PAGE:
You may have also noticed that the Kanji readings don’t always match the reading in a particular word. For example, 「学校」 is read as 「がっこう」 and not 「がくこう」. Readings often go through these small transformations to make pronunciation easier.
Ultimately, you’ll want to check the reading for any new words you encounter. Fortunately, it has become much easier to look up new Kanji thanks to online tools and electronic dictionaries. You can find a tutorial on how to use these tools at the following link:
Different Kanji for similar words
Kanji is often used to make subtle distinctions or give a different shade of meaning for a word. In some cases, it is very important to remember to use the correct Kanji for the correct situation. For example, while the adjective for hot is 「あつい」, when used to describe the climate, you must write it as 「暑い」. When you are describing a hot object or person, you must write it as 「熱い」 instead.
In other cases, while there is generic Kanji that can be used for all situations for a given word, the writer may use a more specialized version for stylistic reasons. The examples in this book will generally use the generic and usually simpler Kanji. If you want to find out more about using different Kanji for the same word, see the following link: https://guidetojapanese.org/learn/resources/learning_words
Learning the first ten numbers is a one good way to get started in learning any language. For Japanese, it also allows us to get familiar with some basic and important Kanji. One thing to pay attention to is the fact that 4 and 7 have two possible pronunciations. The more common ones are bolded.
As an added bonus, we don’t need to learn any more numbers to count up to 99. The tens digit is simply the number and ten. For example, two-ten is twenty, three-ten is thirty, etc. We will learn higher numbers past 99 in a later chapter.
十一 【じゅう・いち】 – 11
二十 【に・じゅう】 – 20
二十一 【に・じゅう・いち】 – 21
三十九 【さん・じゅう・きゅう】 – 39
四十 【よん・じゅう】 – 40
七十四 【なな・じゅう・よん】 – 74
九十九 【きゅう・じゅう・きゅう】 – 99
Counters and Age
Let’s use the numbers we just learned to talk about our age. In Japanese, we must use counters to count different types of things. The counter for counting age is 「～歳」（さい）. Because the Kanji is rather difficult, it is also written as 「才」 (though it’s actually a completely different character)
Counters are simply attached to the end of the number. However, as we saw in the last section, Kanji readings can often go through small changes to aid pronunciation. The following digits are read slightly differently when used with the age counter. The age 20 is also a completely irregular reading.
一歳 【いっ・さい】 – 1 year old
八歳 【はっ・さい】 – 8 years old
十歳 【じゅっ・さい】 – 10 years old
二十歳 【はたち】 – 20 years old
二十歳 【はたち】 – 20 years old
二十一歳 【に・じゅう・いっ・さい】 – 21 years old
四十八歳 【よん・じゅう・はっ・さい】 – 48 years old
七十歳 【なな・じゅっ・さい】 – 70 years old
We will learn many more counters in a later chapter.
We covered all the sounds in Japanese, how they are written in Hiragana and Katakana, and how Kanji works. In addition, we also learned numbers up to 99 and how to count a person’s age. Let’s apply what we learned to come up with a simple self-introduction. The best way to learn a language is to regularly interact in that language and the only way to do that is to meet Japanese speakers so a self-introduction is an ideal way to practice.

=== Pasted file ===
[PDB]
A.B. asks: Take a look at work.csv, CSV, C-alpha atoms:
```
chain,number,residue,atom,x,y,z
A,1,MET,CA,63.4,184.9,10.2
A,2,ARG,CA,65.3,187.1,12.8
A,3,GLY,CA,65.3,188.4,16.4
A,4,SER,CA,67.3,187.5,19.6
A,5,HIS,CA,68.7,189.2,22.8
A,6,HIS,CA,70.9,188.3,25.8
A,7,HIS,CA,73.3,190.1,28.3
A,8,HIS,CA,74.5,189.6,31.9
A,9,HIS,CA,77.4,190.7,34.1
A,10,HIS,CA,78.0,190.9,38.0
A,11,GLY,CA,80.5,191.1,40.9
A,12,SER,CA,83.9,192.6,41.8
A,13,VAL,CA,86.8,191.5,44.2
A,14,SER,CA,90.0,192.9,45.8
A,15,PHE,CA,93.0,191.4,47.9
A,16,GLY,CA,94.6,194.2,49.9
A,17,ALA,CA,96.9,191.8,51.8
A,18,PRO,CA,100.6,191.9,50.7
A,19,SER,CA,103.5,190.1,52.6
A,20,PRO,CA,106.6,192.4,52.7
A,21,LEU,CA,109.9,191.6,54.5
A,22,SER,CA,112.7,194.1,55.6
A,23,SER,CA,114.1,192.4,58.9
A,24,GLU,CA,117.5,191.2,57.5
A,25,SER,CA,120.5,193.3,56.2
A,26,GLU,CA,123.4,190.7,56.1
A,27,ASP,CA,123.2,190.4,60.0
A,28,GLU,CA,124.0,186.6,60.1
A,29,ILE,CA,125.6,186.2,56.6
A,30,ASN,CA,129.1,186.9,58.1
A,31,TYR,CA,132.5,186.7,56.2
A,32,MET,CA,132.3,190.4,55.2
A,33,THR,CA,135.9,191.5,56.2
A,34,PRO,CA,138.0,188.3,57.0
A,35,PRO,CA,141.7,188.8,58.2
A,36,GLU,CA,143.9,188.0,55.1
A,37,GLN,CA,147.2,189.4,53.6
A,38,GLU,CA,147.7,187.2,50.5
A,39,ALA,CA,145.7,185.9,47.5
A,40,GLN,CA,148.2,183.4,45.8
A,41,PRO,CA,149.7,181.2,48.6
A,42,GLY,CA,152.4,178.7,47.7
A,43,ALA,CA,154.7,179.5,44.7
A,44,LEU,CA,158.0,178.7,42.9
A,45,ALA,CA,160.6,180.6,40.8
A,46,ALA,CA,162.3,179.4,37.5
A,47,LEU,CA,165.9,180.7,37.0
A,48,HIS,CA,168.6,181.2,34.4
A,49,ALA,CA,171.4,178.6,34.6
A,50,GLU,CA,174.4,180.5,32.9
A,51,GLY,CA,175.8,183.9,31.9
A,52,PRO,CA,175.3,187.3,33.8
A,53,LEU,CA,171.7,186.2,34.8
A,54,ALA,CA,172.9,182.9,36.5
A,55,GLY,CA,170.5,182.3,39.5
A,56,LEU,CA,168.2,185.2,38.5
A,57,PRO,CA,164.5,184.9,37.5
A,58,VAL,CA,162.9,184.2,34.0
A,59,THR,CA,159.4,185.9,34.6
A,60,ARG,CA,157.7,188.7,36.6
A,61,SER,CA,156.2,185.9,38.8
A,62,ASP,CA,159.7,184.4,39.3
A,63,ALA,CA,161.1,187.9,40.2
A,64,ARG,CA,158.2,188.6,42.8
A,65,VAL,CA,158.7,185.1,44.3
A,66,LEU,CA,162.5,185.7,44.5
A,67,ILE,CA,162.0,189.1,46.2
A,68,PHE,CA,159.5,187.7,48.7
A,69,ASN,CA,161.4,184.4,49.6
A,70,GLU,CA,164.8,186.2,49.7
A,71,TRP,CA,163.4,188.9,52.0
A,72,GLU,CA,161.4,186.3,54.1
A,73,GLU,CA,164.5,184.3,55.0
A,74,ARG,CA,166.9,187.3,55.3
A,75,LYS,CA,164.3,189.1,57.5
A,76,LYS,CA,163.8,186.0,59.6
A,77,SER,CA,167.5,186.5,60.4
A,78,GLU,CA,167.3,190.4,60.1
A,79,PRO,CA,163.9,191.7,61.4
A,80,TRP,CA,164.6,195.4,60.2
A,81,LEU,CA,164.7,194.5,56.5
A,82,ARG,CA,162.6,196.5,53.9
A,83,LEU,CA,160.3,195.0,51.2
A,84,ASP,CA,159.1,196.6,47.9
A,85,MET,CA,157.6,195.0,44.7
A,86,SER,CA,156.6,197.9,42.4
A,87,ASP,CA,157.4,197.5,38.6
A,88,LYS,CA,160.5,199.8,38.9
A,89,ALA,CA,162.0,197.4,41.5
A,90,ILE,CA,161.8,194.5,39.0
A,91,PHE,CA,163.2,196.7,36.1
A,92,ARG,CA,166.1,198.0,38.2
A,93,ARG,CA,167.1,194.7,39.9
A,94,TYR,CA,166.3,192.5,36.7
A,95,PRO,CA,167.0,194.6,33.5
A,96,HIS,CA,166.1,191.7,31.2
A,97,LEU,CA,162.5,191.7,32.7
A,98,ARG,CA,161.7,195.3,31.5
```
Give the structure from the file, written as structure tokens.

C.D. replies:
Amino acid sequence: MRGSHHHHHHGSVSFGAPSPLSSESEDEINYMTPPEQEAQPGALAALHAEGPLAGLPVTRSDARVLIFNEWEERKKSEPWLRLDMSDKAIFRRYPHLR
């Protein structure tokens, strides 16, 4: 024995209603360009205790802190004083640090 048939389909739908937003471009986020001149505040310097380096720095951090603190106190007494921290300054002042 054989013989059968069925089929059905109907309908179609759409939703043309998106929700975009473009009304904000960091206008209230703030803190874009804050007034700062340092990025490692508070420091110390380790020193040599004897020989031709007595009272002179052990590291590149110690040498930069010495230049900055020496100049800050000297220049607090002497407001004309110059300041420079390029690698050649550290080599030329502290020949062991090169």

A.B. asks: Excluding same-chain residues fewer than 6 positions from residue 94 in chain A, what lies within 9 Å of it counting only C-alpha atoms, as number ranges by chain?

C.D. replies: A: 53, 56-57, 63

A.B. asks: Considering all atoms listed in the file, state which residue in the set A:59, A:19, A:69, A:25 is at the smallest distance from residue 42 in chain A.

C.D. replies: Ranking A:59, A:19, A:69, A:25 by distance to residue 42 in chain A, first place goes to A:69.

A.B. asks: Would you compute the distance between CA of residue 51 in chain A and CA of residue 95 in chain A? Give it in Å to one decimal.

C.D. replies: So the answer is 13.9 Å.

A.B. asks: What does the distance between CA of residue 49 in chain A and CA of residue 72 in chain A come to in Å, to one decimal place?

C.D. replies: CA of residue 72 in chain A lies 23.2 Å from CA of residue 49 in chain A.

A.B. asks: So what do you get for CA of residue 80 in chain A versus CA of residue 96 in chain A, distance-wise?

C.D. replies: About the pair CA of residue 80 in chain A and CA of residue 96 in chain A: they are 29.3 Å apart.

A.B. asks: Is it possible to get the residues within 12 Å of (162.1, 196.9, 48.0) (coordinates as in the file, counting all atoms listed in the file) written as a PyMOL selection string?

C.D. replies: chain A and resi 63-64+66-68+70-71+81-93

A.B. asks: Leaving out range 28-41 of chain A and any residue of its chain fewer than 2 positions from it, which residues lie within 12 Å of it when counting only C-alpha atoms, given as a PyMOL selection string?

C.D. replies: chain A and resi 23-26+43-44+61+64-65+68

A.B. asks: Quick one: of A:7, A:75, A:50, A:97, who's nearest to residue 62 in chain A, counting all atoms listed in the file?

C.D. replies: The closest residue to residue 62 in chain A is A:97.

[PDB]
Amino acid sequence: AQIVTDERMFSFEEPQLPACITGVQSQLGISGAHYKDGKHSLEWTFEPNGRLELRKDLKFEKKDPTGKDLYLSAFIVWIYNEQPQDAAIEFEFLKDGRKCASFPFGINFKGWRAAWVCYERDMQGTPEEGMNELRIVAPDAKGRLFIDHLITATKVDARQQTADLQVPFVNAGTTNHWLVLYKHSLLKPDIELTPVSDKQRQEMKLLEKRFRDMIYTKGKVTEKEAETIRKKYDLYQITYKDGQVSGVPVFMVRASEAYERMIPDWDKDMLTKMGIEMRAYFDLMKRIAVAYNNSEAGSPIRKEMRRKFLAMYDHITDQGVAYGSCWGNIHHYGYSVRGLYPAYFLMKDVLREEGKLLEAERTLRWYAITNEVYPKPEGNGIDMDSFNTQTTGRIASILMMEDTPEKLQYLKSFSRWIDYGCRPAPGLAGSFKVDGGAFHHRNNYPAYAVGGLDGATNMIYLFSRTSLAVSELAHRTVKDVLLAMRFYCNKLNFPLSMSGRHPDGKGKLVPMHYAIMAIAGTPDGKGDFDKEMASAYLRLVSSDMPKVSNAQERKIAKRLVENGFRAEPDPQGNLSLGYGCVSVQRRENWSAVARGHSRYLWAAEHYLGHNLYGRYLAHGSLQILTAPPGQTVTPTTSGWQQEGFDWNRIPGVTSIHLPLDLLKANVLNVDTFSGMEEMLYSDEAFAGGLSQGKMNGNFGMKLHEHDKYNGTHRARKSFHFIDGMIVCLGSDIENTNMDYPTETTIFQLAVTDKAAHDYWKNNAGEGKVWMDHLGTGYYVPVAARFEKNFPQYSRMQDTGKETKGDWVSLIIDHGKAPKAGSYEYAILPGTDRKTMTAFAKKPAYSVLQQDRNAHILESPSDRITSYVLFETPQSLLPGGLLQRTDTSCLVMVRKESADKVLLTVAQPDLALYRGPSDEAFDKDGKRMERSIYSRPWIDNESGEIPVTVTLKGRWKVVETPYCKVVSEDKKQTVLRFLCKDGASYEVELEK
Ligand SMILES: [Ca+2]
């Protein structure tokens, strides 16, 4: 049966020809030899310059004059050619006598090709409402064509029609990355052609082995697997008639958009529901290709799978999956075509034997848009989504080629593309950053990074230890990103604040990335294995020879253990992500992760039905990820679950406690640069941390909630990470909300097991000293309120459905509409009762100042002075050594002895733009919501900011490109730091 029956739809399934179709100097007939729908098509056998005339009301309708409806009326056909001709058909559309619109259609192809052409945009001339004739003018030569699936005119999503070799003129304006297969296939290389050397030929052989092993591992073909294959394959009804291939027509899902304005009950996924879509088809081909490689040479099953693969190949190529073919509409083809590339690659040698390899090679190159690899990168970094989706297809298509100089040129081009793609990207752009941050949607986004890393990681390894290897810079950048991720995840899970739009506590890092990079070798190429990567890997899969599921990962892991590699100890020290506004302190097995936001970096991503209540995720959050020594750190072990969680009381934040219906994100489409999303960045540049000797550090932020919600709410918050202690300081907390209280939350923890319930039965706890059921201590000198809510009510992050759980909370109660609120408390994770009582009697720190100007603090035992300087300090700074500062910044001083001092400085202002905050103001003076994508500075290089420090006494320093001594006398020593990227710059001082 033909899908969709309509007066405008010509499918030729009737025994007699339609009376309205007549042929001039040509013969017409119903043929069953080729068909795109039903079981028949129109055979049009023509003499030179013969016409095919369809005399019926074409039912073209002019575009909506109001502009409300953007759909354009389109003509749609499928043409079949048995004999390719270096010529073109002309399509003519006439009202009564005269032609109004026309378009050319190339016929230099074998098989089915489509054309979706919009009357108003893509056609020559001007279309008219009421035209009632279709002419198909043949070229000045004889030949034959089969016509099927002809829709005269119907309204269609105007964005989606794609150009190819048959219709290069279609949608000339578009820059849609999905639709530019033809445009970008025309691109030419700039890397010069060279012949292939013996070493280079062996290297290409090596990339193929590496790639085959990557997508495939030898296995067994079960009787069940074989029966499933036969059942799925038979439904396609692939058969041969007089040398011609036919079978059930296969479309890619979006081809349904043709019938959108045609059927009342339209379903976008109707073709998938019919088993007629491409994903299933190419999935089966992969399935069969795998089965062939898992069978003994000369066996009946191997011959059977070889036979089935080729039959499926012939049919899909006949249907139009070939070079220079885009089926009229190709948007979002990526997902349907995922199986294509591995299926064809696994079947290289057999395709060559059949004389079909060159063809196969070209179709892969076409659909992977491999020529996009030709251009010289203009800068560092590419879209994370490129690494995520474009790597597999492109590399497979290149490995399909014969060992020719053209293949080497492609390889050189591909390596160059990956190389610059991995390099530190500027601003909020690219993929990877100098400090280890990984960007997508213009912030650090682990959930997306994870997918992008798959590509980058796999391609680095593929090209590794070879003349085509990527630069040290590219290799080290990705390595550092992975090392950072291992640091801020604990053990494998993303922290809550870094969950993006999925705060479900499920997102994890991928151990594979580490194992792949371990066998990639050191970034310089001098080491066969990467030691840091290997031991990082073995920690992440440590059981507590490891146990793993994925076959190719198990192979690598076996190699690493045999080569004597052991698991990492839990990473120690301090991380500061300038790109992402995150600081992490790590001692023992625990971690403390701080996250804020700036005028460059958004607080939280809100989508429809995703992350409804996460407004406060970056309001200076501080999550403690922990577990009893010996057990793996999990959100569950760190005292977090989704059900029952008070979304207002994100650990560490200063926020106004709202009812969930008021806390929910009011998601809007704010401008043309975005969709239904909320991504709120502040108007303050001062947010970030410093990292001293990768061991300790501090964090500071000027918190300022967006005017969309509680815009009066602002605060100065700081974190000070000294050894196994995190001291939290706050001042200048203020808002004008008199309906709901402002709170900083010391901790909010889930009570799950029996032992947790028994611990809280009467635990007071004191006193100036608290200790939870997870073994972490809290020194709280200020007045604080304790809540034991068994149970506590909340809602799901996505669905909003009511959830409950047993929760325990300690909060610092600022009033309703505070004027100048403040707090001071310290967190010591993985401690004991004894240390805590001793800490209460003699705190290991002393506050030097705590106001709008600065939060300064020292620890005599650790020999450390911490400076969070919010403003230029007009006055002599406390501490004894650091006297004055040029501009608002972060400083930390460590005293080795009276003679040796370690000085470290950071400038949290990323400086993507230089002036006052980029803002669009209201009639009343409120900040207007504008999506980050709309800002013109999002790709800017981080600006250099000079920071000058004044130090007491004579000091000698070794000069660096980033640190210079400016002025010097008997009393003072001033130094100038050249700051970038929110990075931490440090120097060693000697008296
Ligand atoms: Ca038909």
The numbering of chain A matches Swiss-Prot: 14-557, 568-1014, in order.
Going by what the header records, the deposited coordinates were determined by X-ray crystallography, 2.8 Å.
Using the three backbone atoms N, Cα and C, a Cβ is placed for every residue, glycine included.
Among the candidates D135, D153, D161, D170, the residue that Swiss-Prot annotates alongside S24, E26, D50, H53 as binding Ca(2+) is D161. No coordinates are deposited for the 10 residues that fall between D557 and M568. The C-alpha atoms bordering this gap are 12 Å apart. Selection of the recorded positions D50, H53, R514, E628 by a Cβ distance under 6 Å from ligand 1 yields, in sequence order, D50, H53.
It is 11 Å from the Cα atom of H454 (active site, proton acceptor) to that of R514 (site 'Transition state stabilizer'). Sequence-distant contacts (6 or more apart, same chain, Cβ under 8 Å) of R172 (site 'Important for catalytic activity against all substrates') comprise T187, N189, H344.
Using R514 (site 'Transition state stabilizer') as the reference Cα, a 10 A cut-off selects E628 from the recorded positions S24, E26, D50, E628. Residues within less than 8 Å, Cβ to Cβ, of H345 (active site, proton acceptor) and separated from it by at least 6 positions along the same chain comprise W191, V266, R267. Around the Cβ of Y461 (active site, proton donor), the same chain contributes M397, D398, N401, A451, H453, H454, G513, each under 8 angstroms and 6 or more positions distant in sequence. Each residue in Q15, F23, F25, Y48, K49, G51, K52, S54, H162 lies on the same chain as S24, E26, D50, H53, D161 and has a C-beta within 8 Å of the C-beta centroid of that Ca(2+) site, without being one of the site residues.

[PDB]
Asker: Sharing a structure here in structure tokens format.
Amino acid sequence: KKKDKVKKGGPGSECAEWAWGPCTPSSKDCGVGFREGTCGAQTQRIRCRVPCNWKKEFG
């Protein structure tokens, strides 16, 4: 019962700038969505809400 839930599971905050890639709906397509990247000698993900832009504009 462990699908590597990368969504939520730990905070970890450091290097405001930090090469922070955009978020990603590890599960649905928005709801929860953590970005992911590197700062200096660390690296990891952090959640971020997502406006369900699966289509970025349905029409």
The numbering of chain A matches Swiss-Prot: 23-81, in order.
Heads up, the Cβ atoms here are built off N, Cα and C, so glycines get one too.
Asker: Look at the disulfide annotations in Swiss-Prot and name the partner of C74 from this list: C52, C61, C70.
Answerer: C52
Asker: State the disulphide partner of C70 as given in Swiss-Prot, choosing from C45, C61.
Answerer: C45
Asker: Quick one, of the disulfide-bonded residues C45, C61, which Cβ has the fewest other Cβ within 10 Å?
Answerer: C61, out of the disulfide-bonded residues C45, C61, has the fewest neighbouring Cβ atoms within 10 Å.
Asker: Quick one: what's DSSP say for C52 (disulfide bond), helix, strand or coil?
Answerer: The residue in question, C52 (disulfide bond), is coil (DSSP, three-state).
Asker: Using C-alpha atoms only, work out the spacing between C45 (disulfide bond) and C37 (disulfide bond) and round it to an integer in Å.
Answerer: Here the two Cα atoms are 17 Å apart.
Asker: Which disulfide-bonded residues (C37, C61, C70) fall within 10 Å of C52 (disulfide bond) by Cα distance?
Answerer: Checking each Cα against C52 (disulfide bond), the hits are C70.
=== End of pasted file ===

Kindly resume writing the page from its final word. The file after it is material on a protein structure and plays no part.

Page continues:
Learning the expressions
You only need a couple of fixed expressions for your simple self-introduction.
Shortened form of an expression originally meaning “I meet you for the first time”. It’s a standard greeting similar in intent to “Nice to meet” or “How do you do?”
There is no easy direct translation but it means something along the lines of “please treat me well” when used at the end of an introduction.
Telling people your name
If you haven’t done so already, you’ll need to decide on what to call yourself in Japanese. As we’ve learned, Japanese has a relatively limited set of sounds so it’s very likely that your name will need to sound very different from its native pronunciation.
I would recommend asking your teacher or a Japanese speaker for help in converting your name to the Katakana equivalent. You may even want to ask the first person you introduce yourself to.
If you want to give it a try on your own (like right now), you can try this tutorial on finding your name in Japanese: https://guidetojapanese.org/learn/resources/nameinjapanese
To say you are that name, you need only attach 「です」 to the name. The pronunciation is usually shortened to just “dess”. We will learn more about 「です」 in the next chapter.
In Japan, the last name is given more weight so it is common to just go by your last name especially in a more formal environment such as the classroom or workplace. When using the full name, the last name always comes first for Japanese names. However, it can go either way for names from countries where the order is reversed.
Putting it all together
Using the fixed expressions and the vocabulary we learned in the last section, we now have everything we need for our simple self-introduction.
Below is a short list of potentially useful nouns to describe yourself for your self-introduction. Don’t forget that you need to add 「人」（じん） to the country for nationality.
Nice to meet you. (I am) Alice Smith.
(I’m) American. (I’m a) college student.
(I’m) 18 years old.
Please treat me well.
In addition to practicing your self-introduction, a good way to practice pronunciation is to use various expressions for different scenarios. It’s ok if nobody around you speaks Japanese. They’ll understand you’re hard at work practicing.
ありがとうございます – thank you (polite)
すみません – sorry (polite)
さようなら – good-bye (notice the long vowel sound!
いただきます – used before eating a meal (lit: I humbly receive)
ごちそうさまでした – used after finishing a meal (lit: It was a feast)
いってきます – used when leaving home (lit: I’m going and coming back)
いってらっしゃい – used as farewell for someone leaving the house (lit: Go and come back)